And I think I copied these from a MightyOne post:
They are D2 charts
But I can see the same thing on D1 and H4 charts:
And what I see is that just by following in the previous candles' direction (ONLY WHEN the current candle is following the same color as the previous), there is great opportunity for profit. Even when the candles switch colors back and forth, there still seem to be wicks when you could've caught a little something.
I guess you would want to be there trading when the candle opens. And some overtrading management for times when the price ranges back and forth over the open. (You still to some degree would have to decide what triggers your entry, even if using the previous candles' color as your deciding criteria.)
And finally, just being honest, I don't run any backtest programs, I just make some observations and zoom into timeframes to see how it plays out.
:::EDIT May 25. 2010:::
I FINALLY found the post. I was starting to think I imagined it...
Posted: Sun Oct 18, 2009 6:58 pm(EST) http://kreslik.com/forums/viewtopic.php?p=28424#28424
MightyOne wrote:foreman01 wrote:Patch wrote:Does it make sense to be a Red Rat because the market falls much faster, and farther over a shorter period of time than a market rising?
Might be true for stocks, but forex pairs are relative. If EUR/USD was instead called the USD/EUR pair, then it would go in reverse -- so what does it mean to fall or rise? You buy one EUR you sell the USD at the exact same time - that's what always happens.
As to the idea of only playing one direction. The DTB rat - as I recall - was based a statistical study that said "20 pips from the high, OR LOW" -- both directions were equally valid.
I think on a more generic level one could be a rat by always playing their "system." One often hears pros say "learn one system and stick with it." So in this sense the system could be stated as: be a red rat when 20 pips from the high; and be a green rat when 20 pips from the low.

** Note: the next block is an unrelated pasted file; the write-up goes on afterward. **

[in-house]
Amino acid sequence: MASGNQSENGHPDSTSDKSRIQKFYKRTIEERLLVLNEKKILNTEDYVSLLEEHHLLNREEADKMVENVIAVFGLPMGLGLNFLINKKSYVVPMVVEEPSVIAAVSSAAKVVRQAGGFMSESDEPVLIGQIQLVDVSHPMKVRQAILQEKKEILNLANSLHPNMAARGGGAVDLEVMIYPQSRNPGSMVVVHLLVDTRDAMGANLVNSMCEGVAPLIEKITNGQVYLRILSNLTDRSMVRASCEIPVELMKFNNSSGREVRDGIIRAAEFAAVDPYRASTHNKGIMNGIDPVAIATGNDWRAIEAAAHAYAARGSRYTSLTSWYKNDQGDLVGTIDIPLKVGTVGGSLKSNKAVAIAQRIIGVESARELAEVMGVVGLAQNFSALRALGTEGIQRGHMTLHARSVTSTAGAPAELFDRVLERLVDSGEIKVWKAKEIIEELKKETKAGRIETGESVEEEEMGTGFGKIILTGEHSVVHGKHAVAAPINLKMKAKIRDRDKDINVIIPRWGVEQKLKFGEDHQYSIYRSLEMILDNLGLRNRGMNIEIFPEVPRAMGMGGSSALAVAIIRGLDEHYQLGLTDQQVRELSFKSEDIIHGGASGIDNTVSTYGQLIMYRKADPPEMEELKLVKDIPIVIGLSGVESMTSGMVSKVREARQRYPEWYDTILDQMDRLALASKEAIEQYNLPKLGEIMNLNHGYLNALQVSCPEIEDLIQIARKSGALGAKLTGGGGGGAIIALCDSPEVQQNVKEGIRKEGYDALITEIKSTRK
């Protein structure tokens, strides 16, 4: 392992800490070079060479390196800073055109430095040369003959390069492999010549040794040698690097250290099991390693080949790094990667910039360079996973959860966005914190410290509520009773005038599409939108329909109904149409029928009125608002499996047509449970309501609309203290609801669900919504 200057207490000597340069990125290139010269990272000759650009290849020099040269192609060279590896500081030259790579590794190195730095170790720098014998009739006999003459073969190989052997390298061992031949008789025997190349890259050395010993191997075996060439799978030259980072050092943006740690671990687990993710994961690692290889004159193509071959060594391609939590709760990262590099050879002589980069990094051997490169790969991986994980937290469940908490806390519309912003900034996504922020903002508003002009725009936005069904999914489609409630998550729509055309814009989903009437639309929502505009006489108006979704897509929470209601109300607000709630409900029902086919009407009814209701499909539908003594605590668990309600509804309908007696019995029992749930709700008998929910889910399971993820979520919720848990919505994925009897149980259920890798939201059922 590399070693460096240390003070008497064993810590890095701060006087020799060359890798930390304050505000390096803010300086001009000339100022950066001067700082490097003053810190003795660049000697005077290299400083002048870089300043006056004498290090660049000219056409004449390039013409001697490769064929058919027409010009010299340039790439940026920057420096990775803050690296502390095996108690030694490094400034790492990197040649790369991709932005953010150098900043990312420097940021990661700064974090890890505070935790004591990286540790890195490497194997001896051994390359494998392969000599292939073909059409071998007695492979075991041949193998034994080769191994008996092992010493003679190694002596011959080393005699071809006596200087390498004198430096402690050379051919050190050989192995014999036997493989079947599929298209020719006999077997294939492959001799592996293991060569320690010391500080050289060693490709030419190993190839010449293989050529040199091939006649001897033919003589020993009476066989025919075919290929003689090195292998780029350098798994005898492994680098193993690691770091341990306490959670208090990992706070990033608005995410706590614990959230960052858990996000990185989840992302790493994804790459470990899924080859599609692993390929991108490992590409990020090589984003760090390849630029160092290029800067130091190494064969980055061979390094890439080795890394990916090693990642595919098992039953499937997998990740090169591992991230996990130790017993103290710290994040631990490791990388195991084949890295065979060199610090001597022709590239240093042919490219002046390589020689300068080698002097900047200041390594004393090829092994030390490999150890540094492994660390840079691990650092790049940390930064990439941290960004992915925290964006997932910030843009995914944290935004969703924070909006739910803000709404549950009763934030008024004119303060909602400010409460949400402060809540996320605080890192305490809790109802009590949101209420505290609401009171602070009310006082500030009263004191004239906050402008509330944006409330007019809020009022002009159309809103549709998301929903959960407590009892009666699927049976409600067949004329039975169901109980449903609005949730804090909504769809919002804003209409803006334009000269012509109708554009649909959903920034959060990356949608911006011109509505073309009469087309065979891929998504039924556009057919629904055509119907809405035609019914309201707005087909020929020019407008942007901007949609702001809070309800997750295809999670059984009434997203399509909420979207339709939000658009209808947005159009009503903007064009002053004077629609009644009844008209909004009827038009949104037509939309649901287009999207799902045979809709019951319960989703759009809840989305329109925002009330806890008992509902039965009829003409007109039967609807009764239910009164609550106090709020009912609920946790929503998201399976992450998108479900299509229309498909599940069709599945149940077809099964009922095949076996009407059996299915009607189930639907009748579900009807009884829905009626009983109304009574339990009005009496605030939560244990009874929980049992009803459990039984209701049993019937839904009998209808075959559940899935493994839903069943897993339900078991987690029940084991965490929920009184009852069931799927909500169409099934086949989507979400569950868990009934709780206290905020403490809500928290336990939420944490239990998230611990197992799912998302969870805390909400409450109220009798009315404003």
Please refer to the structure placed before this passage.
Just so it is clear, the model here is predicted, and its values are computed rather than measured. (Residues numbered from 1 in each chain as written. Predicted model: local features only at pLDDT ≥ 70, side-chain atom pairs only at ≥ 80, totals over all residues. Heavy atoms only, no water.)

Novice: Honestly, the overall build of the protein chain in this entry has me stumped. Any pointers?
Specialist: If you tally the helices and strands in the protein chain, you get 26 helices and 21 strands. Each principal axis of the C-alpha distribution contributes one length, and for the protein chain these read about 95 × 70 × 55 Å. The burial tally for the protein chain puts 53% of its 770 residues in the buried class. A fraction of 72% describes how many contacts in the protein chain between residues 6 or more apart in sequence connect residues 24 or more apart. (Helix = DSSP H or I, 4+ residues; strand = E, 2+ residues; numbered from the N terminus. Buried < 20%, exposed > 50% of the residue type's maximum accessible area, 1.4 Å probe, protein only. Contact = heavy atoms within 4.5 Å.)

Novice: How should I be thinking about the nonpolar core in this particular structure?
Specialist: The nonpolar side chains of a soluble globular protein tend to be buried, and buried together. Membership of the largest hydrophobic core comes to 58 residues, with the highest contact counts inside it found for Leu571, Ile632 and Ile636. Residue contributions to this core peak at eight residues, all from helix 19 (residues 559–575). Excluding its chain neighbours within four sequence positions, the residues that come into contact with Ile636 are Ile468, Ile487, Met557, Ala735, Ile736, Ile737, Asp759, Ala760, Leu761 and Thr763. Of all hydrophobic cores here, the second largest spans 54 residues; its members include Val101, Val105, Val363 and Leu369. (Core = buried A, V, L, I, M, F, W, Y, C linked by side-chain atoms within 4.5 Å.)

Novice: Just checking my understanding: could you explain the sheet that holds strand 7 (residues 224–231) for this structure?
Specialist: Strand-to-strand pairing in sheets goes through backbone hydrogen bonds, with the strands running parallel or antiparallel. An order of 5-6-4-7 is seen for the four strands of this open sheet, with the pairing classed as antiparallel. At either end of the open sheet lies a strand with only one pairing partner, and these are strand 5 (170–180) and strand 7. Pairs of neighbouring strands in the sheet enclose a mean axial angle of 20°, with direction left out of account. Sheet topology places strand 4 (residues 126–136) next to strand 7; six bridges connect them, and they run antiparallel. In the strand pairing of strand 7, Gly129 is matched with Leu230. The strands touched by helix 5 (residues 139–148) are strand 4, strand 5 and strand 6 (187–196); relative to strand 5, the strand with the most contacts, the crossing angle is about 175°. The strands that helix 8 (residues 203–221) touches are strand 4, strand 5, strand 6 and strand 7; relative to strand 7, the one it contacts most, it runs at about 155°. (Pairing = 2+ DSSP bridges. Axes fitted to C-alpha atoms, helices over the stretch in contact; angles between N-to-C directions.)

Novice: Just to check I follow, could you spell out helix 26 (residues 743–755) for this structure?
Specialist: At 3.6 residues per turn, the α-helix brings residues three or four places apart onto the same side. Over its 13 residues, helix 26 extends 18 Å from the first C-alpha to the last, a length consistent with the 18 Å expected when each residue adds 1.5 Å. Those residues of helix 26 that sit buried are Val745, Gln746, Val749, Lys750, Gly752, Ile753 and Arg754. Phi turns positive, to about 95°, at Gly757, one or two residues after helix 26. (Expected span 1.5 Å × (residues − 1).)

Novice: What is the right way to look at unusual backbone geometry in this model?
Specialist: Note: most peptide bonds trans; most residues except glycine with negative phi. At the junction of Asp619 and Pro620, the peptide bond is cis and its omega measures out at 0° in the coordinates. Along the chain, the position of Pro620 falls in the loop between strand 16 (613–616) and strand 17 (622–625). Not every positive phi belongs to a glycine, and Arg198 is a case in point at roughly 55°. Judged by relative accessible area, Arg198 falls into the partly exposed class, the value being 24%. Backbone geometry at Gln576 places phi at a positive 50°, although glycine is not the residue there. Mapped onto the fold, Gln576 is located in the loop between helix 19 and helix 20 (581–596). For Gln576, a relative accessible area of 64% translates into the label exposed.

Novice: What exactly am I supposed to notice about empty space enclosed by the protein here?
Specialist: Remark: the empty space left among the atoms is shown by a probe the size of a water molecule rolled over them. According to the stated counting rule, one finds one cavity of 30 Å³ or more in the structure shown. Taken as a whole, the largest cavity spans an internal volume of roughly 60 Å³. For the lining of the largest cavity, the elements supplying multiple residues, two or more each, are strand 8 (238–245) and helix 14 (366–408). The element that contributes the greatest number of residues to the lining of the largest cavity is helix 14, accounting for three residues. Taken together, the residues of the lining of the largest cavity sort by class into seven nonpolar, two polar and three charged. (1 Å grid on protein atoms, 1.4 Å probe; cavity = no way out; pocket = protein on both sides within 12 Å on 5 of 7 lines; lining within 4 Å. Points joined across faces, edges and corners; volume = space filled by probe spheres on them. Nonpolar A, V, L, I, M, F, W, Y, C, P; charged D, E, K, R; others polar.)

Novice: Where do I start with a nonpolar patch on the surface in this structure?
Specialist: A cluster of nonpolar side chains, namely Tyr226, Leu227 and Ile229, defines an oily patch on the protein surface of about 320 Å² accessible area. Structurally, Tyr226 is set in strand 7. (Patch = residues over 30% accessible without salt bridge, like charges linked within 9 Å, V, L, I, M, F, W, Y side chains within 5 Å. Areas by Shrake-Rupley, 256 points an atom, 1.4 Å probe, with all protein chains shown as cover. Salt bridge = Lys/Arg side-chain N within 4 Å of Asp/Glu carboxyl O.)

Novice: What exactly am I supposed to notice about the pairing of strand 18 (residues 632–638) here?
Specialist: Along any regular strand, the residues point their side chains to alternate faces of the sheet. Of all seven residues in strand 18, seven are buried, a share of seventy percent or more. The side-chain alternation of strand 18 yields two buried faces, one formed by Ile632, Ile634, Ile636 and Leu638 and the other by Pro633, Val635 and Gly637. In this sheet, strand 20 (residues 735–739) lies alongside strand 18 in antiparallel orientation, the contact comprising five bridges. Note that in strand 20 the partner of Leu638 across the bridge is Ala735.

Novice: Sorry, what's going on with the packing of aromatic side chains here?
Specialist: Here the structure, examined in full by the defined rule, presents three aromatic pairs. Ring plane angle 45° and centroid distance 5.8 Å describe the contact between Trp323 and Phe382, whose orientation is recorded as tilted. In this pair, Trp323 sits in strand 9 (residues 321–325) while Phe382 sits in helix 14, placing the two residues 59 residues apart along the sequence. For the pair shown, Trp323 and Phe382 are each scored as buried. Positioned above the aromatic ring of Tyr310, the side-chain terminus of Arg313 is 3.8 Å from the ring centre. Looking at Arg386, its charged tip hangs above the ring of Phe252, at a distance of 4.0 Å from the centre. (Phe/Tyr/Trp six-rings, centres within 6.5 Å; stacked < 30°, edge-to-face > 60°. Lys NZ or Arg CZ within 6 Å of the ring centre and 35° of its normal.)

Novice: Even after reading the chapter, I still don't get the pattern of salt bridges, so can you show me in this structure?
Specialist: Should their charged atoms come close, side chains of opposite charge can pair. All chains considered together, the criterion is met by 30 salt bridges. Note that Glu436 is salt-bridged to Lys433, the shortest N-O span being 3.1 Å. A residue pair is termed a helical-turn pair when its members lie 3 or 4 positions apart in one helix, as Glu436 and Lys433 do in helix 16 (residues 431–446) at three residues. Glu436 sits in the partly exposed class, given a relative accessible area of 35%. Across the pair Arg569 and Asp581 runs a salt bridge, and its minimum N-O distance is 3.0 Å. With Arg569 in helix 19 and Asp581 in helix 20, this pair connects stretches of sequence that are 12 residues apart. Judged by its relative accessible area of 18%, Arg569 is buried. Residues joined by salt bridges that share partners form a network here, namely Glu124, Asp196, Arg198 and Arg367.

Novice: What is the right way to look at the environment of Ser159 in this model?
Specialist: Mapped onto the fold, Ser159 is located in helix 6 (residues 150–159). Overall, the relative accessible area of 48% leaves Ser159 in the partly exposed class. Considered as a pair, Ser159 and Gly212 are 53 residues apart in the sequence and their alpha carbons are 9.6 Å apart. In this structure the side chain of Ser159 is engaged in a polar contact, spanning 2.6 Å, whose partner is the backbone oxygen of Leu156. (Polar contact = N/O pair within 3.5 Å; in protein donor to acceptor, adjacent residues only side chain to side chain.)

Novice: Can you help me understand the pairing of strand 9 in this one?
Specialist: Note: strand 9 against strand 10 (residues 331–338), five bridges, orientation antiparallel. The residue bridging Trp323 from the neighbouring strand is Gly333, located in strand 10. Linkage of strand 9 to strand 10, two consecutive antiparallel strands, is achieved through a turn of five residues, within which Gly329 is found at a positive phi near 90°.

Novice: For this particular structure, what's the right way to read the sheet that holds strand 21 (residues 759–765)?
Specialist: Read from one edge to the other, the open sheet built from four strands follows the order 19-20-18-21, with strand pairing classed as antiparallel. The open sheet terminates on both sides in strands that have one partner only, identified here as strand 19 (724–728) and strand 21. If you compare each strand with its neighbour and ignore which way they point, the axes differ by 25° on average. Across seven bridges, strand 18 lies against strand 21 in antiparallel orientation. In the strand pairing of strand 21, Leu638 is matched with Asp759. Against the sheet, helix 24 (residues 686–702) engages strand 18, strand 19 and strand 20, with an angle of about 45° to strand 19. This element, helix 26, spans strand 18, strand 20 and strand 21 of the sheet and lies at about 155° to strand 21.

I feel pretty confident that if this forums experienced traders were to trade both red rats and green rats, that they would still have the same percentage of successes.
LMAO (at myself for this next statement) ON THE OTHER HAND -- it may be that by only playing one direction on one pair that the price action would be different for a red rat than a green rat and thus one would become better at recognizing a successful trade (especially the price action for exiting - because the entrance rules are pretty much ground in stone).
You would only benefit from switching rats if you could tell that price was going to make a strong trending move.
Over one period of time there will be more green than red bars and over another period there will be more red bars than green.
There may even be near equal distribution of red and green bars
Upon entering into the market you cannot know if price will move 11 or 1,100 pips nor can you tell for sure the beginning of a move from its end.
What you can know are the statistics of individual bars or how the current bar usually interacts with its neighbor(s).
Pick one color and stick to it and maybe later, when you are not subject to an alarm clock, you can attempt to switch just before a strong trending move should you have the experience to do so.